9. This is a mechanic that can easily be added onto to involve audience members picking the card. Add a little sleight of hand into the equation and you can really make a brain-teasing trick that's guaranteed to baffle people. Not many magicians actually mix sleuth tricks with math tricks, but when it's done well, it's really good.

  10. If you try this with your friends, remember: If the first number is greater than the second number, for example 10 and 3, you have to do something slightly different.
    a) Put the second "number-pile" at the bottom of the deck – not on top. So the second pile, here 3 cards + 1 flip card, goes to the bottom.
    b) Then, count the difference from the top as usual. BUT, you must flip your magical card on the count of "7" (10-3), not the following 8th card! This is because the 3+1 cards has been put at the bottom of the deck.

  11. What if I think of 51? You would need to reverse the whole stack, whereas anyone would now say "just show me the last card" (51+1 = a deck of cards)

  12. Here's my slight variation on this trick:

    If N1 < N2, put the second "fail" card on the bottom before counting the difference.
    If N1 > N2, put the whole second pile underneath as Matt did.

    That way you can be consistent with how you count the cards (always turn over the Nth card, instead of counting N and then turning over the next card).

  13. When a person chooses a smaller number second (e.g., 7 followed by 5) you do not need to change the trick and present the 5 card. Simply ask them to choose the second number, in this case 5 and place the 8th card on top of the pile you just counted out instead of placing in back on the the main card pile. Proceed with placing the "counted" pile underneath the main pile and count out 2 in this example and the 3rd card will be the card you wrote down.

  14. What if they say 5 and 10 or any other pair that one is twice the other? Then the difference would be one that they already guessed and the reveal wouldn't work.

  15. But if they pick one less than the original on the second run, you just seem like a failure at your first attempt :/

  16. Nice. Covered all of the possibilities. I like the MIT  (Magician In Trouble), syndrome. This effect is a great follow up after an ACAAN (Any Card At Any Number), effect where the effect is carried one step further (if it ever comes up that the spectator is sceptic of the first effect ), by allowing the spectator to pick the number where the card should be in a sense that you sent the number to the spectator, yet leaving the spectator with the thought that the spectator really received the number that you sent or the spectator could have picked any number that popped in their head. This is perfect when the spectator is sceptic that the performer is really not sending the number to them mentally and the spectator just say any number to see if the trick will work. So, when the effect still works, in that case,  this makes the effect all the more powerful!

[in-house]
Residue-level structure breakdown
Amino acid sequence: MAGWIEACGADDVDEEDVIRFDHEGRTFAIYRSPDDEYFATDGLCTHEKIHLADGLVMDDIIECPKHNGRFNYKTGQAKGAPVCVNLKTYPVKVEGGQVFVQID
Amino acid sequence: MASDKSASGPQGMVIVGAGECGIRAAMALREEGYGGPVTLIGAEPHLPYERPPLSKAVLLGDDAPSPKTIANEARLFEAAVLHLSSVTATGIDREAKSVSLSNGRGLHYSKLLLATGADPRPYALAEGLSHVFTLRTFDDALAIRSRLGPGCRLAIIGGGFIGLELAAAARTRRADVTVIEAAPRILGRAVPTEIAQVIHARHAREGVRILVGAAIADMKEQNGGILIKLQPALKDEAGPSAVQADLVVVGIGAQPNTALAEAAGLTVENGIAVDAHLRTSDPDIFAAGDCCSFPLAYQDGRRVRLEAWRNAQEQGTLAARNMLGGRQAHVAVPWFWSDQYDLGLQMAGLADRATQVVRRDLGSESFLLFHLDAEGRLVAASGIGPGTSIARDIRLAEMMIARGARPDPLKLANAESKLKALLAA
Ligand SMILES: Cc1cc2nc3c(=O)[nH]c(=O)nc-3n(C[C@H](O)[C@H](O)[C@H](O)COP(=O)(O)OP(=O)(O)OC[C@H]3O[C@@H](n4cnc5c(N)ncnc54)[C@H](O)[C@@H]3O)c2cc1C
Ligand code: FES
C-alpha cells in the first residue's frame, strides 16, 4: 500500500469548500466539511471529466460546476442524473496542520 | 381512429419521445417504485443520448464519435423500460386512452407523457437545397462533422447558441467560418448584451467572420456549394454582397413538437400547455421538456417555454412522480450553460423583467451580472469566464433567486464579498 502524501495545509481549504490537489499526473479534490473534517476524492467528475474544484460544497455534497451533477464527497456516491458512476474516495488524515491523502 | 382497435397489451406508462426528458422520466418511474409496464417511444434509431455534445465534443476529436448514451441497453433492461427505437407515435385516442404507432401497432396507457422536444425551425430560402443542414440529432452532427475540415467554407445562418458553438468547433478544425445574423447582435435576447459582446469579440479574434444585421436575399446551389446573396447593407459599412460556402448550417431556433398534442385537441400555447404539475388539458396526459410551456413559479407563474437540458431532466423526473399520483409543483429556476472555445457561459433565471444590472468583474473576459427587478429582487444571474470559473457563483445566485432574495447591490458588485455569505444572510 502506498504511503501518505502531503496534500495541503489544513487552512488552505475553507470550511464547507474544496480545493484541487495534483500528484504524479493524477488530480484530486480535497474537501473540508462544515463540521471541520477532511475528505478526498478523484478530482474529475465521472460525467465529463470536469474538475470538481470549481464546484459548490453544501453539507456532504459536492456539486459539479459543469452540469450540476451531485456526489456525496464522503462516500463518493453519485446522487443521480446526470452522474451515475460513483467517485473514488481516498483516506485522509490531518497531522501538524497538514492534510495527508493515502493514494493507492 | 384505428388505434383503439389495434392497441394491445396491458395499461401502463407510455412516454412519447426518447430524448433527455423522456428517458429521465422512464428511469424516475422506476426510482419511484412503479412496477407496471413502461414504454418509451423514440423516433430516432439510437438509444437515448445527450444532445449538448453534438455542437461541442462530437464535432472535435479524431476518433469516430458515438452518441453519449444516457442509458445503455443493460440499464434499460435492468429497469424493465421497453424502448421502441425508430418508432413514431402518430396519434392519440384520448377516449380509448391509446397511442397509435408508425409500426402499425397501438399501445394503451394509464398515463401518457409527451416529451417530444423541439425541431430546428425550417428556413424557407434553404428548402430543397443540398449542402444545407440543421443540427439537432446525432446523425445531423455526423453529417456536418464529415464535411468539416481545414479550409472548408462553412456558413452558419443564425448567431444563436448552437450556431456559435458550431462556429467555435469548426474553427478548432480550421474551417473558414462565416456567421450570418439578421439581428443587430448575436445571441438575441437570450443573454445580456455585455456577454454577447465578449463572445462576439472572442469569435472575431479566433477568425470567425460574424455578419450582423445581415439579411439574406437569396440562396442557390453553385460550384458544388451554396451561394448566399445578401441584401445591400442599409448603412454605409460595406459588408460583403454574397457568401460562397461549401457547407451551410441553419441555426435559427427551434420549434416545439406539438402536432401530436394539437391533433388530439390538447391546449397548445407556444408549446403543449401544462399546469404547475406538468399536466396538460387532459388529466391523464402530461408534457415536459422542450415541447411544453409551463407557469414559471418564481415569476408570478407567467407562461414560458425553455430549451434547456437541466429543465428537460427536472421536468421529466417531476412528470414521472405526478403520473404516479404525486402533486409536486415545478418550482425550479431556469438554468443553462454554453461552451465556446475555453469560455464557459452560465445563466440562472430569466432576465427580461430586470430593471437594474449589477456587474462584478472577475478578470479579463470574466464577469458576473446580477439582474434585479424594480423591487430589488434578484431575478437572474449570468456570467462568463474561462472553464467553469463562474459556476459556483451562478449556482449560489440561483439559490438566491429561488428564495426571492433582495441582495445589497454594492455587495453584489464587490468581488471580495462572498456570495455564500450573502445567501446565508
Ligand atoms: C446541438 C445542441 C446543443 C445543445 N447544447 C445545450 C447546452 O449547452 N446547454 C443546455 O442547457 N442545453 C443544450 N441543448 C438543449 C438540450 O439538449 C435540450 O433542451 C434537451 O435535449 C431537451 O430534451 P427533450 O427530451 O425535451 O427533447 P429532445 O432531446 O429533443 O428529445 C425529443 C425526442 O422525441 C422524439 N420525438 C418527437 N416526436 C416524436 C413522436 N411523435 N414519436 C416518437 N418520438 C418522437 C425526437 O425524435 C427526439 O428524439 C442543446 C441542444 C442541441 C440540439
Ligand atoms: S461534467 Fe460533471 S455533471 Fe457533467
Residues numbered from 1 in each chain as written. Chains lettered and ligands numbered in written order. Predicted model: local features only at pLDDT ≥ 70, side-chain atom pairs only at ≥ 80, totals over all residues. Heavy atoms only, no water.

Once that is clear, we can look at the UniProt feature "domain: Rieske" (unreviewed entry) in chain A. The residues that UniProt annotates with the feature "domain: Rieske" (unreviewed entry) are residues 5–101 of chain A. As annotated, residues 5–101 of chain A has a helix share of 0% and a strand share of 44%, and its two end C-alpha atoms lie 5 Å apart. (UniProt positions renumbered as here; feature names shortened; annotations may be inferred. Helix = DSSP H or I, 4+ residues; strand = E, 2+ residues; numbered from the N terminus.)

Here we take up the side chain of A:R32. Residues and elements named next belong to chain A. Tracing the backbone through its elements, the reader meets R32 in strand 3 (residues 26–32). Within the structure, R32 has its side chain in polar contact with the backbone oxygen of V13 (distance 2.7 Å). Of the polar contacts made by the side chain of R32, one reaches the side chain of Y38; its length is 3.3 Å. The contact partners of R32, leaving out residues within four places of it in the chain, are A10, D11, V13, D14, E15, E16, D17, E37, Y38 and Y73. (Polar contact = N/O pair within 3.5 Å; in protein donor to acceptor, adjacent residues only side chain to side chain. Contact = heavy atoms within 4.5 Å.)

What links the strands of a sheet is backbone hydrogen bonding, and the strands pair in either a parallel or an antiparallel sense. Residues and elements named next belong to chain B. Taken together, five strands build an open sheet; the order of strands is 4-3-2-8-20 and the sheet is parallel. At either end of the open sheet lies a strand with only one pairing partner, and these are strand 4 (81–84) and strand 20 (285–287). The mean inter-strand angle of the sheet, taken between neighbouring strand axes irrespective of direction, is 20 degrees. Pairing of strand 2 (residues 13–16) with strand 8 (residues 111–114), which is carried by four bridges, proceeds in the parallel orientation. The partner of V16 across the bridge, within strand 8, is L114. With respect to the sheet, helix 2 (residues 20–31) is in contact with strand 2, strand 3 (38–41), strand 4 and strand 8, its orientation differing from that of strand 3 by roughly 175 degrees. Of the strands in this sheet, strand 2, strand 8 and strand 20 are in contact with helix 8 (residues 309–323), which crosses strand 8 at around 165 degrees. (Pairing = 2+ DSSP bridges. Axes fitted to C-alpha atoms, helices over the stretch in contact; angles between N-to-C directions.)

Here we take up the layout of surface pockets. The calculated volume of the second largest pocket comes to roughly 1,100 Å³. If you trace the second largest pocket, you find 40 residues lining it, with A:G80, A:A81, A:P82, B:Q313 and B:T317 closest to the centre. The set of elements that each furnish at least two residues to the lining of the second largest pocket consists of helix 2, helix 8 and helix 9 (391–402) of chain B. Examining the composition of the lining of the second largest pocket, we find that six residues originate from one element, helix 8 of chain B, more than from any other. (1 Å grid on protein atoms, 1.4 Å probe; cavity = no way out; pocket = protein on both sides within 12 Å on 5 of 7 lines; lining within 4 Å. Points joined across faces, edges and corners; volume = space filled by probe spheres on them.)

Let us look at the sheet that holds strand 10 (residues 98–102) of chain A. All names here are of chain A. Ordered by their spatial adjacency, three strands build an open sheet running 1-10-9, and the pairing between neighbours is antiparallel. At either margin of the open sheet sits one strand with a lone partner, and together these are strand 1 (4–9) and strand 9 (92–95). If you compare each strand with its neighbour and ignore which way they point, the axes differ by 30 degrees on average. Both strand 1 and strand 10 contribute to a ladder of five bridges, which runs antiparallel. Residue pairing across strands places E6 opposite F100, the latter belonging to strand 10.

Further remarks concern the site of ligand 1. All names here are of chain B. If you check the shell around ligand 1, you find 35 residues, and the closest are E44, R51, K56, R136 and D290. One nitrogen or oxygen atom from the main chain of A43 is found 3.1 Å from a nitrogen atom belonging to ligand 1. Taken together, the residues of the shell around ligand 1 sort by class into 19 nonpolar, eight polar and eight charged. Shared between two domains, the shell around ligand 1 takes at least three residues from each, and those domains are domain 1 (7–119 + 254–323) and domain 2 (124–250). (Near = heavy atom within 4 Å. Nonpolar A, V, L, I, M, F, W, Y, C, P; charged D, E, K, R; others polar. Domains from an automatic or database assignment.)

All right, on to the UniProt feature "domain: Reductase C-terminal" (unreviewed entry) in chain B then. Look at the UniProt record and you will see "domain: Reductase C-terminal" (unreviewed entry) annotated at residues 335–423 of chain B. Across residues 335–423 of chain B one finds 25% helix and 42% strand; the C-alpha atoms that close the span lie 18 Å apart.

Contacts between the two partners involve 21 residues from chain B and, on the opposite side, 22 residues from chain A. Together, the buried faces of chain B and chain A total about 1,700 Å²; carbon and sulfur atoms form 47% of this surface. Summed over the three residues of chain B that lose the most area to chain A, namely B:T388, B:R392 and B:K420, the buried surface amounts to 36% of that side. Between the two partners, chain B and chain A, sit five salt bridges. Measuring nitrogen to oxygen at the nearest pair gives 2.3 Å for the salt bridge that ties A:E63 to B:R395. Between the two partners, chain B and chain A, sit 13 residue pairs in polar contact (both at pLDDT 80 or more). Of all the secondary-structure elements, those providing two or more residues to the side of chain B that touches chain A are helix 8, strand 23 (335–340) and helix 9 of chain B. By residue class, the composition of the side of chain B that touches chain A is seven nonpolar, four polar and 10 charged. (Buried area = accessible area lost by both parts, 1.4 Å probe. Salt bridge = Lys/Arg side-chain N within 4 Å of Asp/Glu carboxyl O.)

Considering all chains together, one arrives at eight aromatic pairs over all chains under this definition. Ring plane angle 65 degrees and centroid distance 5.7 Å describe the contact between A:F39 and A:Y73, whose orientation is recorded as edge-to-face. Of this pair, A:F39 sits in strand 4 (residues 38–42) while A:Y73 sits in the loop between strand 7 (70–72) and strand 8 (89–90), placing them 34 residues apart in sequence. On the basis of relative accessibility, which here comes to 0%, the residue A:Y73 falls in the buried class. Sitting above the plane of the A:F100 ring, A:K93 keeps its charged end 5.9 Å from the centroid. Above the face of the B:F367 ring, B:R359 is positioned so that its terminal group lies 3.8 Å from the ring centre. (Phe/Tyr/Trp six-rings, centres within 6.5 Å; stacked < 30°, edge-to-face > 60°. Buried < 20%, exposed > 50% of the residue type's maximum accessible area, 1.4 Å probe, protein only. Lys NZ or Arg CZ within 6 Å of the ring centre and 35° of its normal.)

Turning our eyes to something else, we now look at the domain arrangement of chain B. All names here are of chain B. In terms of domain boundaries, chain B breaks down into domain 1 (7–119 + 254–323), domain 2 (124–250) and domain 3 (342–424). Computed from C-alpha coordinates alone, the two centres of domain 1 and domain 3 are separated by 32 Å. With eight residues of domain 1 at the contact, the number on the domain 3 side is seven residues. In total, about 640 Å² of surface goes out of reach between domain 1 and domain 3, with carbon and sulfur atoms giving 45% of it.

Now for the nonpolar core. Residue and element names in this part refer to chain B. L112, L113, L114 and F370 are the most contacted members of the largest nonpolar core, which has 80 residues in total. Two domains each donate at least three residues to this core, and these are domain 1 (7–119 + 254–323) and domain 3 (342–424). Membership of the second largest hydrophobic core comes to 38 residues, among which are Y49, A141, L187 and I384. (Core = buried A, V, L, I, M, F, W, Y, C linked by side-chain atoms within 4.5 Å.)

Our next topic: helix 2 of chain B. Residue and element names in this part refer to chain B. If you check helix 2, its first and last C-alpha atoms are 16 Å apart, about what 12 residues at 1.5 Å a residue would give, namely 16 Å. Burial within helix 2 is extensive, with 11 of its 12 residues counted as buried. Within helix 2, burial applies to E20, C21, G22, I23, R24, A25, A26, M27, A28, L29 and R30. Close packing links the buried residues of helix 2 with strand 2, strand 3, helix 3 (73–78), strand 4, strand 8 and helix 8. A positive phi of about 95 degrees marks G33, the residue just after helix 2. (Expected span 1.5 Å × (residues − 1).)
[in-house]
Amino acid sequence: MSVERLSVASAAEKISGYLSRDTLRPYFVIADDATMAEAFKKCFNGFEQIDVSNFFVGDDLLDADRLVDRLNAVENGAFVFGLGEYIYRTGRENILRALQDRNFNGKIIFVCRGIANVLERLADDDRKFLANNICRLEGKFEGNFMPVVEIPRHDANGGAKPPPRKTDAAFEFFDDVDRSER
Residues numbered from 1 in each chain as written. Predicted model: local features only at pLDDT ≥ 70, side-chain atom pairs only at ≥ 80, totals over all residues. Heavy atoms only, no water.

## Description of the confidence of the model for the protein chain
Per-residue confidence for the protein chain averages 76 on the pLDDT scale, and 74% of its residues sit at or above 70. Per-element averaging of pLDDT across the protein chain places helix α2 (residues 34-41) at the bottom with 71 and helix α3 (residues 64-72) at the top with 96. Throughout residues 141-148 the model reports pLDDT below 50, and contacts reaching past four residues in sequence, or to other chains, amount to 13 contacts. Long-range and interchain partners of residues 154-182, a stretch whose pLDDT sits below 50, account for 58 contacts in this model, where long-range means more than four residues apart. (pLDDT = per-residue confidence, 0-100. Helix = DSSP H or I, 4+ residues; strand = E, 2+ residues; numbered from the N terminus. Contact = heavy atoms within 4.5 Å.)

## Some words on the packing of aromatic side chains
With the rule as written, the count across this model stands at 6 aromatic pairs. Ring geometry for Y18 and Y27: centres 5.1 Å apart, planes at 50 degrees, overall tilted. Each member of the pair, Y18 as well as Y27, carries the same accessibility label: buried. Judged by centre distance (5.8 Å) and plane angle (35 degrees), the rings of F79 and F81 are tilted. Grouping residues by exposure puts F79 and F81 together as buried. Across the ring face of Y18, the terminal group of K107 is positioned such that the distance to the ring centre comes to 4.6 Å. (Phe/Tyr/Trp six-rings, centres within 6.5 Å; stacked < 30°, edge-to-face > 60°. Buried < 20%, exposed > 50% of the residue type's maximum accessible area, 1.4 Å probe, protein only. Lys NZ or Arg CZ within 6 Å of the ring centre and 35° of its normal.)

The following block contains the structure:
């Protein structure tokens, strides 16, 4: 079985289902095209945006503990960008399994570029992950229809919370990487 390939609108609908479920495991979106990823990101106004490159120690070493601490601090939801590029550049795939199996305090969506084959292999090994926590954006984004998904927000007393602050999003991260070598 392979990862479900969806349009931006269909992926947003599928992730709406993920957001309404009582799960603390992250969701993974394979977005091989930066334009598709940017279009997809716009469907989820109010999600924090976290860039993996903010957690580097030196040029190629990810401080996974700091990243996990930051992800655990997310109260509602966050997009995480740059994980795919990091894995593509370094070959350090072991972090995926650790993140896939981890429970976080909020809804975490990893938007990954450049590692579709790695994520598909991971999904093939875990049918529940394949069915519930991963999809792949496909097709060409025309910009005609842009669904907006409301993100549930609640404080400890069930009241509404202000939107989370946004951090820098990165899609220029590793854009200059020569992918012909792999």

17. I'm 6 years too late, but if you don't to change it to "oh, it's just the third card, not the card with three cards on top," you can flip the the "guess card" on the dealt pile on the first guess, then on the second guess if the number is smaller, don't include the card. That will put a buffer card in the deck before the target card and you can still do the reveal like normal. (If the second number is bigger, just do the same as the first time, adding a buffer card the second time around, evening out the math.) This also solves the "one fewer" problem.

    Also, if they say "1" that just means there's 1 card on top. If they say "0" then it's the top card.

    However, I'm realizing that the charade can fall apart if they pick a number of cards close to zero. If they say "1" then "0" the trick doesn't work. And if they say a very small number, they might catch that the cards just switched order and that's how it worked. Especially if they say "1." My solution: While "picking" a card, tell them you're not going to pick the first or last card so they don't think you cheated when you shuffled. It's the perfect con.

    I think I might switch this up so instead of "sending the number" I have them guess or something to make the difference between numbers seem more organic.

    Awesome trick! Thanks for the video!

  18. So if I'm seeing this correctly, the first choice is half of the second choice, then it's even better because the first trip through gives nothing then the big reveal gives the right card and it was the same amount as the first choice.

  19. Most useless video. There is no great mathematics in knowing that order of cards get reversed. This is a boring trick and definitely nothing interesting in terms of math.

  20. I always forget how YouTube comments didn't always have sub-threads for direct replies until I watch videos that are like 6, 7 years or older and see comments [usually from the uploader] that are seemingly nonsensical and talking to nobody, when in reality they are actually in response to another comment and replies just used to be their own comments

    Really makes me appreciate the current comment system, honestly.
    But remembering the old system reminded me of the spot above the comments where folks could "submit" [for lack of a better word] a video to be there as a related/response video [I don't remember specifically what the term was, if there's anyone who's as much of a fossil as I am who's actually understanding what I'm talking about, let me know] with the uploader's approval